PLOT (spoiler alert!!!):

Miles Monroe (Woody Allen), a jazz musician and owner of the ‘Happy Carrot’ Health-Food store in 1973, is subjected to cryopreservation without his consent, and not revived for 200 years. The scientists who revive him are members of a rebellion: 22nd-century America seems to be a police state ruled by a dictator about to implement a secret plan known as the “Aires Project”. The rebels hope to use Miles as a spy to infiltrate the Aires Project, because he is the only member of this society without a known biometric identity.

The authorities discover the scientists’ project, and arrest them. Miles escapes by disguising himself as a robot, and goes to work as a butler in the house of socialite Luna Schlosser (Diane Keaton). When Luna decides to have his head replaced with something more “aesthetically pleasing,” Miles reveals his true identity to her; whereupon Luna threatens to give Miles to the authorities. In response, he kidnaps her and goes on the run, searching for the Aires Project.

Miles and Luna fall in love; but Miles is captured and brainwashed into a complacent member of the society, while Luna joins the rebellion. The rebels kidnap Miles and force reverse-brainwashing, whereupon he remembers his past and joins their efforts. Miles becomes jealous when he catches Luna kissing the rebel leader, Erno Windt (John Beck), and she tells him that she believes in free love.

Miles and Luna infiltrate the Aires Project, wherein they quickly learn that the national leader had been killed by a rebel bomb ten months previously. All that survives is his nose. Other members of the Aires Project, mistaking Miles and Luna for doctors, expect them to clone the leader from this single remaining part. Miles steals the nose and “assassinates” it by dropping it in the path of a steamroller.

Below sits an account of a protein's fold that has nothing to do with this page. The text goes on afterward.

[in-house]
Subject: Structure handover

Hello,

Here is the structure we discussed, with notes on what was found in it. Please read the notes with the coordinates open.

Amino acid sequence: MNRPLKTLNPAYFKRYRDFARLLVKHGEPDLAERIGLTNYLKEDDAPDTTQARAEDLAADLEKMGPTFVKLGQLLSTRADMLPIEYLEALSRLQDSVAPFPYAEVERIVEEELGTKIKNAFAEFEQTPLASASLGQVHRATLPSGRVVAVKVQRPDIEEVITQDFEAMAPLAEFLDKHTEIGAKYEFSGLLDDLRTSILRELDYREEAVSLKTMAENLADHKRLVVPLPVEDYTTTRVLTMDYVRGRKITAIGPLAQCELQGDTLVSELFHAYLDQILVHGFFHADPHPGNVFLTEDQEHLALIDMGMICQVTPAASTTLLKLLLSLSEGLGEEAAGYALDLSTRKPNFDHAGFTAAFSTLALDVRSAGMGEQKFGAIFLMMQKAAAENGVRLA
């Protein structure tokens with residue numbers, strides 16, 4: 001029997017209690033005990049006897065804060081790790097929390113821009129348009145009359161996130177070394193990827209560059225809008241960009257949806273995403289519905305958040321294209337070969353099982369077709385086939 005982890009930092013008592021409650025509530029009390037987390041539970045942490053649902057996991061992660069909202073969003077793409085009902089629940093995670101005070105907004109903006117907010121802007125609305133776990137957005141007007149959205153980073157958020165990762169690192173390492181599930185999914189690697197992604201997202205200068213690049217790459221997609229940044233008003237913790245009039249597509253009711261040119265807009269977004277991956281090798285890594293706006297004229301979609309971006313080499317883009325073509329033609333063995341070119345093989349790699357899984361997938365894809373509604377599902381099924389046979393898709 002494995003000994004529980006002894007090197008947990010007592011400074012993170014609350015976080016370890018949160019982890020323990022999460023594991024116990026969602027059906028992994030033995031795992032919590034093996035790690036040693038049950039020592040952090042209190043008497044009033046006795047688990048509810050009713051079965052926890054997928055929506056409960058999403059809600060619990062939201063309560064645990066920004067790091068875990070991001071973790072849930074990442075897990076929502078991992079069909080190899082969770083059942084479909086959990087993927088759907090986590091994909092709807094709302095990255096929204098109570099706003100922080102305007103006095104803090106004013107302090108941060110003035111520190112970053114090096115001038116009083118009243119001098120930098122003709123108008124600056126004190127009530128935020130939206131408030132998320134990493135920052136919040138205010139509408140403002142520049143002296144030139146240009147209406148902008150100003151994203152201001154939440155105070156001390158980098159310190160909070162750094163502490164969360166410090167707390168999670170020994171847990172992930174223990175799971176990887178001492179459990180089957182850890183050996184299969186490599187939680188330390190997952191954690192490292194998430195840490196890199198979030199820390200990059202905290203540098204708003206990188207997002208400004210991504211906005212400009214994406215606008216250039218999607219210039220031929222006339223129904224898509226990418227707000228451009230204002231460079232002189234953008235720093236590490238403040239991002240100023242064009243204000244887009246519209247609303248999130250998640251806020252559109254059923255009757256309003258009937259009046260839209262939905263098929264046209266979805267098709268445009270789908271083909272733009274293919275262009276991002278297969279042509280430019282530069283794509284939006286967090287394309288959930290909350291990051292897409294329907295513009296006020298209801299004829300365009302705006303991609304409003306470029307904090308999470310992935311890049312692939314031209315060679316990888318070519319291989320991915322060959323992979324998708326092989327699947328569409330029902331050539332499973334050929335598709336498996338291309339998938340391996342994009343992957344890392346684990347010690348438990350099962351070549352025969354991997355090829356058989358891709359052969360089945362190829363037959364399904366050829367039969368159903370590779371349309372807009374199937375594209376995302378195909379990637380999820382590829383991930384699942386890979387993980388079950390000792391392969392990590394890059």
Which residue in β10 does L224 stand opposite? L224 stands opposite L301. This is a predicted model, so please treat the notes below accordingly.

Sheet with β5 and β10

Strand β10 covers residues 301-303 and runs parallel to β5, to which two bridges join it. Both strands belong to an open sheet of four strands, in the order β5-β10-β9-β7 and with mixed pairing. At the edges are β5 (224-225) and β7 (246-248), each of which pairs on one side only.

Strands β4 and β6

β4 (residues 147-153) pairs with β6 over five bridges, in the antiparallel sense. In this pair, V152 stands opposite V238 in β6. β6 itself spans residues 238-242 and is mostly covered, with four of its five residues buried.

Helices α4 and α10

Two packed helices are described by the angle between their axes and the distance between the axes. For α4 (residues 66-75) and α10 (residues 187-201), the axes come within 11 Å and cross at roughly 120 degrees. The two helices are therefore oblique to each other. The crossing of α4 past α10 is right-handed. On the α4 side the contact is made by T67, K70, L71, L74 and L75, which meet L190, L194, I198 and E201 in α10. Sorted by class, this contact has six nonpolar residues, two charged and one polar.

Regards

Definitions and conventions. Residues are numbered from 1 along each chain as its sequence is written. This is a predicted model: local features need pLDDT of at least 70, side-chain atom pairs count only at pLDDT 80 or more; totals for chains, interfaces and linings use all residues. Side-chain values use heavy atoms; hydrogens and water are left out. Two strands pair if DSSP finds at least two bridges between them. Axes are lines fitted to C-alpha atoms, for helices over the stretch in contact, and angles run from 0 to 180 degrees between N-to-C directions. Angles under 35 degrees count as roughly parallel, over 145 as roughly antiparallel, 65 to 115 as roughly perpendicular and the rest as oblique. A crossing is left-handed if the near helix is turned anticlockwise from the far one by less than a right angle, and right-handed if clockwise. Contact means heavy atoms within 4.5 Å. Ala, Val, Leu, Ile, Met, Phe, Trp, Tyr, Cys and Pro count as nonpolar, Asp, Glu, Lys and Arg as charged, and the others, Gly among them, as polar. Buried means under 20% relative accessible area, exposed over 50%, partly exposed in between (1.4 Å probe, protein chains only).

After escaping, Miles and Luna debate their future together. He tells her that Erno will inevitably become as corrupt as the Leader. Miles and Luna confess their love for one another, but she claims that science has proven men and women cannot have meaningful relationships due to chemical incompatibilities. Miles dismisses this, saying that he does not believe in science, and Luna points out that he does not believe in God or political systems either. Luna asks Miles if there is anything he does believe in, and he responds with the famous line, “Sex and death. Two things that come once in a lifetime. But at least after death you’re not nauseous.” The film ends as the two embrace.


Woody Allen is a great filmmaker, but the one film of his that I’ve seen, The Curse of the Jade Scorpion, I can barely remember anything about. To rectify this little issue, I decided to check out one of Allen’s more popular and, judging by reviews and reactions, funniest film, Sleeper. Would I be laughing or half asleep when all is over, though?

What is this about?

Health-food store owner Miles Monroe (Woody Allen, who also directs) bites the dust in 1973 and ends up cryogenically frozen, only to be defrosted in a dystopian future in which people pleasure themselves with an “orgasmatron” and dissidents’ brains are “electronically simplified.” Upon becoming a hunted man, Miles masquerades as an android butler in the home of a self-indulgent poet (Diane Keaton) — but the ruse doesn’t last.

What did I like?